Mycoplasma agalactiae in Dairy Goat Flocks Bred in State of Ceará in Association with Caprine Arthritis Encephalitis Virus

Renato Mesquita Peixoto, Alice Andrioli, Raymundo Rizaldo Pinheiro, Francisco Selmo Fernandes Alves, Vanderlan Warlington Souza dos Santos, Maximiana Mesquita de Souza, Dalva Alana Aragão de Azevedo, Edgar Marques Damasceno, Maria Fátima da Silva Teixeira

Abstract


Background: Contagious agalactia is an infectious disease caused by Mycoplasma agalactiae (M. agalactiae) that occurs in small ruminants leading to productive and economic losses. Due to the similarity of clinical signs presented in Caprine Arthritis Encephalitis (CAE), which is a viral disease, a differential diagnosis is important. Therefore, this study aimed to investigate the presence of anti-Mycoplasma agalactiae antibodies in dairy goat flocks in Ceará State and possible correlation with CAE.
Materials, Methods & Results: The research was performed in four mesoregions in Ceará State (Metropolitan Region of Fortaleza-MRF; Northeast Ceará - NeC; North Ceará - NC; Sertões in Ceará - SC), from which 16 productions located in 10 cities with the highest representativeness for goat milk production within the State or mesoregion were sampled. A total of 417 females and 69 males (486 animals) of breeds with dairy production aptitude, pure or crossbreed, maintained in semi-intensive or intensive systems, were tested. Blood serum was obtained by venipuncture of the jugular vein with vacuum pressure syringe followed by centrifugation at 1,500 g for 10min. Antibodies against the caprine arthritis encephalitis virus (CAEV) were detected with micro technique of agarose gel immunodiffusion (AGID) and Western Blot (WB). The anti-Mycoplasma agalactiae antibodies were detected with commercial kit of enzymatic immunoassay (IDEXX Laboratories™). Seroprevalence of M. agalactiae in dairy goat flocks in Ceará State was 0.62% (3/486). From the total of 16 visited productions, 18.75% (3/16) had seropositive animals for M. agalactiae located in MRF, NC and SC mesoregions. CAE was diagnosed in 56.25% (9/16) of productions with AGID and in 81.25% (13/16) with WB. In addition, 5.2% (25/486) of animals were seropositive for CAE with AGID and 16.6% (80/486) with WB. Animals that reacted positive for M. agalactiae were all females of pure breed with milk production aptitude in distinct mesoregions submitted to intensive rearing system. None of these animals was positive in neither test (AGID or WB) for CAE. Therefore, no correlation of results obtained in diagnosis of M. agalactiae by ELISA and CAEV by AGID or WB (P < 0.05) was identified. However, two out of three productions that were positive for M. agalactiae presented positive results for CAEV with frequencies of 10% and 20%.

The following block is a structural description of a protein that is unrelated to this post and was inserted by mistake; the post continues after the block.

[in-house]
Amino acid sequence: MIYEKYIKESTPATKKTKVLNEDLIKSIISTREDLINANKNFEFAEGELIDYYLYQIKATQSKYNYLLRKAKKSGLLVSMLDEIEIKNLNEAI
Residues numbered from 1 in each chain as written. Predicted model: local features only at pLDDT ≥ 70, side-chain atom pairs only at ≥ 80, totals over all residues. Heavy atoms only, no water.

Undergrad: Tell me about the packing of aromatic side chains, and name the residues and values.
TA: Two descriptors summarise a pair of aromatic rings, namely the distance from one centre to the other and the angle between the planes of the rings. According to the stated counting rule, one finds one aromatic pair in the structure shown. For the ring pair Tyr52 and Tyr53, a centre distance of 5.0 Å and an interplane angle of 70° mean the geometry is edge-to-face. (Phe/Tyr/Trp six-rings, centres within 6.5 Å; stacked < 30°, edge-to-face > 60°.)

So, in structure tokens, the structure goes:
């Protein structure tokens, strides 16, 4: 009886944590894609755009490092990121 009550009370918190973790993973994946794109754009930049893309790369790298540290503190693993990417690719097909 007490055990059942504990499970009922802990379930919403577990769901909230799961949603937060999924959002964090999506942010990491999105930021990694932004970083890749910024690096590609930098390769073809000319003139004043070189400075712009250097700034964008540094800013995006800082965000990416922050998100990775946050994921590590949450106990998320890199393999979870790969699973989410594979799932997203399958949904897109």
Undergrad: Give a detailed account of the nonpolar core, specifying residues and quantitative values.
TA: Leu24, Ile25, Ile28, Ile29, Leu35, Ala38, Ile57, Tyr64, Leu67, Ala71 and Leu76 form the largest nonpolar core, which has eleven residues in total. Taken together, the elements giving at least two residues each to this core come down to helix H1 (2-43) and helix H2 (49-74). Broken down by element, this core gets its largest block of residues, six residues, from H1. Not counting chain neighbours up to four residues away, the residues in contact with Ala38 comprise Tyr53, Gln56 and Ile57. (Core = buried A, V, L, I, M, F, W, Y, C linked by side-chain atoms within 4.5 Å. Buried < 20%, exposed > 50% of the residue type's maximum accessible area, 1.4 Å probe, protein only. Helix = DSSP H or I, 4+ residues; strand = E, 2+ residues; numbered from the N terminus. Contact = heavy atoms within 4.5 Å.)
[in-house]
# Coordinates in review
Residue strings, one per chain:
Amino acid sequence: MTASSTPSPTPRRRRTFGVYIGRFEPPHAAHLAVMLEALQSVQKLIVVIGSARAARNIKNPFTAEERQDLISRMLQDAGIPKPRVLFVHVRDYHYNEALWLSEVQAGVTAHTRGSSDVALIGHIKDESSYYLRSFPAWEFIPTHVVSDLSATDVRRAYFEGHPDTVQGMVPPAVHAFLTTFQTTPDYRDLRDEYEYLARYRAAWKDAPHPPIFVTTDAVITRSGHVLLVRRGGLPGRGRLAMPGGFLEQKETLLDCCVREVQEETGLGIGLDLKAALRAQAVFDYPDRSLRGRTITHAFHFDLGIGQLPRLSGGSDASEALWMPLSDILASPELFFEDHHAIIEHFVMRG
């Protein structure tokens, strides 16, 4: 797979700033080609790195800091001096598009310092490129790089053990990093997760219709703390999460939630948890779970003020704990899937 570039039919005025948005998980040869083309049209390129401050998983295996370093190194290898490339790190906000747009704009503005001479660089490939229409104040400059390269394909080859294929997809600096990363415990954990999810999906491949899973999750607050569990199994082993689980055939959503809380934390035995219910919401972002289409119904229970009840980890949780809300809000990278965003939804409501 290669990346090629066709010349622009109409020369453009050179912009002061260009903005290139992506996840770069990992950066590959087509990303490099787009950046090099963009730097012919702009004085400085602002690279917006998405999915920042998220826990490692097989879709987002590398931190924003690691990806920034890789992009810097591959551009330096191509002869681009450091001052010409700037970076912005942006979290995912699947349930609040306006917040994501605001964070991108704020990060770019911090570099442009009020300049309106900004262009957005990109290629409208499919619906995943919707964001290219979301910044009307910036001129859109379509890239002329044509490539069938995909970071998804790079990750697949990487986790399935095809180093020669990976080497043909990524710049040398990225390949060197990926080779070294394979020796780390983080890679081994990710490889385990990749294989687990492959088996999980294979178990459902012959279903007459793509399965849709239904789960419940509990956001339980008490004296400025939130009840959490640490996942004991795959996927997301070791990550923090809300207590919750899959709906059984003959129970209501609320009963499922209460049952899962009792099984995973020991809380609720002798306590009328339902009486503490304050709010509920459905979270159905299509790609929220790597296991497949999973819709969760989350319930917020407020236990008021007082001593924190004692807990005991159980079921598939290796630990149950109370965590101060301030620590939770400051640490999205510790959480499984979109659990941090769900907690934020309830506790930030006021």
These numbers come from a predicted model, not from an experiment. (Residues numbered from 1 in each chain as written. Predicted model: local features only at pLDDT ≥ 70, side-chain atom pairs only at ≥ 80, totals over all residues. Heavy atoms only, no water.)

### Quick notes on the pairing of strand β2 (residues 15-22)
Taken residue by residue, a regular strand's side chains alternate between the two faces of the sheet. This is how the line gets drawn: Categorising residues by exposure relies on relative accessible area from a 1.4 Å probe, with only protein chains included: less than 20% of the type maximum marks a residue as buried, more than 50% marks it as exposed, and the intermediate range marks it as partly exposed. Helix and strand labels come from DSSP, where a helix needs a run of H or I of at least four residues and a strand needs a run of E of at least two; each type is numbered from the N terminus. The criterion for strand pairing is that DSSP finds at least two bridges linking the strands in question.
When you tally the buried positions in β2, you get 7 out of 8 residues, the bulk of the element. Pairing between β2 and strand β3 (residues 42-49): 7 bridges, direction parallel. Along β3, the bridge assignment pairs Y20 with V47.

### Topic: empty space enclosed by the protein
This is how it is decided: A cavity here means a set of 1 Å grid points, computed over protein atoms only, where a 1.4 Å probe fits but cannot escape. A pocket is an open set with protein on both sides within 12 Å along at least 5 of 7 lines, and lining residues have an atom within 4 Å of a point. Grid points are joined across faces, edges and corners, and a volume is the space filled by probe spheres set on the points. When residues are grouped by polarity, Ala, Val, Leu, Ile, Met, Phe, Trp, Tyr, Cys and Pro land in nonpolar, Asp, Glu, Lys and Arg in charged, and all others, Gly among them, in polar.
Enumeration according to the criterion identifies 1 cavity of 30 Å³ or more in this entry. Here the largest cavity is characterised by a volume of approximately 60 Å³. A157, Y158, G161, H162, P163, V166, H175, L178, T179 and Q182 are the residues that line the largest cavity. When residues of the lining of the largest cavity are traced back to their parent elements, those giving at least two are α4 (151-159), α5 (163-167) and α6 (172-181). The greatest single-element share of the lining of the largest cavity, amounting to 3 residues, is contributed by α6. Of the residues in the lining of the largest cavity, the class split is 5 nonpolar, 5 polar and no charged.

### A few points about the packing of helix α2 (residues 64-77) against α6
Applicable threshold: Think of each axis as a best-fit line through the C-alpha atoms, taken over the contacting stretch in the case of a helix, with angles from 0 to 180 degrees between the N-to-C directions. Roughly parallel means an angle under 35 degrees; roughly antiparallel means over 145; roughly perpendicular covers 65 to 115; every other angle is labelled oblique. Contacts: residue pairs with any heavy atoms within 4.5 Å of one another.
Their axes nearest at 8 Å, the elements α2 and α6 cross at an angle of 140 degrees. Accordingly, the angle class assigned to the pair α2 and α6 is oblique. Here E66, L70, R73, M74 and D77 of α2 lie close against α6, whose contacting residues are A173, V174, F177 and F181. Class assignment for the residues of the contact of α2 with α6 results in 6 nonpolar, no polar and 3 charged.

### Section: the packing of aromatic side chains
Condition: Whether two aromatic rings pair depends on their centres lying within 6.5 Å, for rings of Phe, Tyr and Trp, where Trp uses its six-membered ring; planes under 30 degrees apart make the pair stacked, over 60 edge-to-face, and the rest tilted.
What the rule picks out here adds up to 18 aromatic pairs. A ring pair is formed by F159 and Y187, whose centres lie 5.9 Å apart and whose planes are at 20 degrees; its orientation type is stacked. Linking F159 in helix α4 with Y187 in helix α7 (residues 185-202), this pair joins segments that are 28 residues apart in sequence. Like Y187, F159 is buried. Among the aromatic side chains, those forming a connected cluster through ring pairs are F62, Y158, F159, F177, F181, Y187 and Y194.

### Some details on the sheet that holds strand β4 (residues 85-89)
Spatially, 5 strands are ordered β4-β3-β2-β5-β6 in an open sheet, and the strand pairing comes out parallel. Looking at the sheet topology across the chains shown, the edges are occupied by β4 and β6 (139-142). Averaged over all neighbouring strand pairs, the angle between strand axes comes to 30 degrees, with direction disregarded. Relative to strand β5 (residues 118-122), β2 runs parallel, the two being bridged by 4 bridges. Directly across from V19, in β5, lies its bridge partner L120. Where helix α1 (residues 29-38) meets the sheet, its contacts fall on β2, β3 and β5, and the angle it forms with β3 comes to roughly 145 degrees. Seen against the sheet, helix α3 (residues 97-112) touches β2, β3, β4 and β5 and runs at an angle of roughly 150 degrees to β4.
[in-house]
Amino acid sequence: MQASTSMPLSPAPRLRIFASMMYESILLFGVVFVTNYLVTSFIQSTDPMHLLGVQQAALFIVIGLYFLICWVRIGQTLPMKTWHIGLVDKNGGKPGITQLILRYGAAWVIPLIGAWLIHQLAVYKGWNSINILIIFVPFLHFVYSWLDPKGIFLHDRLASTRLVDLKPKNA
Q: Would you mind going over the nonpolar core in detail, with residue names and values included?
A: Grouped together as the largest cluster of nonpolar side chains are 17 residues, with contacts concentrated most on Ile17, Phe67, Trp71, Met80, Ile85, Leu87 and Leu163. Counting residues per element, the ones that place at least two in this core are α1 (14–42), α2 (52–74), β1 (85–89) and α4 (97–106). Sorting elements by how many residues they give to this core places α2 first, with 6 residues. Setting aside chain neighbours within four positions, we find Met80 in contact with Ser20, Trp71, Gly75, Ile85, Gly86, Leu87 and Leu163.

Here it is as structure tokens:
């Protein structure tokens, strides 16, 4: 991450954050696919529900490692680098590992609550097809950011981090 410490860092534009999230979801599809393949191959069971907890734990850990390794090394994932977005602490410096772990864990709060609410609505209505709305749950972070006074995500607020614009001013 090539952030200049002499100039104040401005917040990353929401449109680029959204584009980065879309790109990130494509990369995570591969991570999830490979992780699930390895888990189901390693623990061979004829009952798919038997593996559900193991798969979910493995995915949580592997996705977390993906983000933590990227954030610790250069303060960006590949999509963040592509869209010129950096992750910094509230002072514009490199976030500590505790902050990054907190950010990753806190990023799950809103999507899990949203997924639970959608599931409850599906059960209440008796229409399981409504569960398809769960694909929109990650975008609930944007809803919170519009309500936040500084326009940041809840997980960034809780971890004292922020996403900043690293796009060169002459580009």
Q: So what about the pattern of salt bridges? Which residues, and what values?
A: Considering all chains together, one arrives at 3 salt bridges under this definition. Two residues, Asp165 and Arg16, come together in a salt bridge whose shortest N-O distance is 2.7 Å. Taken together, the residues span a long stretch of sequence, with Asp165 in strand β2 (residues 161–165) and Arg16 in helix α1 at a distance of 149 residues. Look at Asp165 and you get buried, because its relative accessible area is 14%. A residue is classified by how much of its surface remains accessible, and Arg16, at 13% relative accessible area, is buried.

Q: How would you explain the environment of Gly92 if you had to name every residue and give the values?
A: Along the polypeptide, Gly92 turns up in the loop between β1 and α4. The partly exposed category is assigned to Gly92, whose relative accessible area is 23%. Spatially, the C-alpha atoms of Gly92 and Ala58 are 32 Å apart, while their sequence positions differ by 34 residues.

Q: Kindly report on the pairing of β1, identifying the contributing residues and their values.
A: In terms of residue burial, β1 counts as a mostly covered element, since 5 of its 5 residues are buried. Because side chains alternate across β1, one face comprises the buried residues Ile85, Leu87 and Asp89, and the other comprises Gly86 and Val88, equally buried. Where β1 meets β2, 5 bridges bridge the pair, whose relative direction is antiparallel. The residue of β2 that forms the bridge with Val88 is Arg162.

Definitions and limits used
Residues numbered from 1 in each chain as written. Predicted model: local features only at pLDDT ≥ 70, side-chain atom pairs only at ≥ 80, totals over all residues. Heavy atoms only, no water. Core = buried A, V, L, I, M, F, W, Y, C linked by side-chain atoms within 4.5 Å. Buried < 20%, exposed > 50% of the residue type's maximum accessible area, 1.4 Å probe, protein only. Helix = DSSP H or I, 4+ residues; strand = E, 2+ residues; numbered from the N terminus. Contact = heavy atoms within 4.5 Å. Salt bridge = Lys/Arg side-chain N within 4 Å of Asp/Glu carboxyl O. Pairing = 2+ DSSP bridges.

Discussion: Seroprevalence of M. agalactiae in Ceará State was low in comparison with other Brazilian states and even other countries. However, the presence of the pathogen in more than one mesoregion indicates that the disease occurs in different locations within the State. Therefore, flocks in Ceará are susceptible to the infection, which may be favored by uncontrolled commerce that occurs with deficient surveillance, associated with the importation of animals to improve flock genetic quality. The presence of the pathogen in dairy goats may contribute to significant losses in the local production. On the other hand, CAE was diagnosed
in nearly all productions proving the dissemination of this lentivirus infection among dairy goat flocks in Ceará State. Although an association between these diseases was not identified, the presence of a retrovirus in the organism may favor co-infection with another micro-organism, promoting the deficiency in the immune system of the host. In conclusion, M. agalactiae is present in different mesoregions of the Ceará State and control measures should be adopted in short term to prevent pathogen dissemination and, consequently reduce economic and productive losses in the local dairy goat production. No correlation was identified between the prevalence of infection by CAEV and M. agalactiae in this study.
Keywords: correlation, diagnosis, caprine lentivirus, mycoplasmosis.

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DOI: https://doi.org/10.22456/1679-9216.86091

Copyright (c) 2018 Renato Mesquita Peixoto, Alice Andrioli, Raymundo Rizaldo Pinheiro, Francisco Selmo Fernandes Alves, Vanderlan Warlington Souza dos Santos, Maximiana Mesquita de Souza, Dalva Alana Aragão de Azevedo, Edgar Marques Damasceno, Maria Fátima da Silva Teixeira

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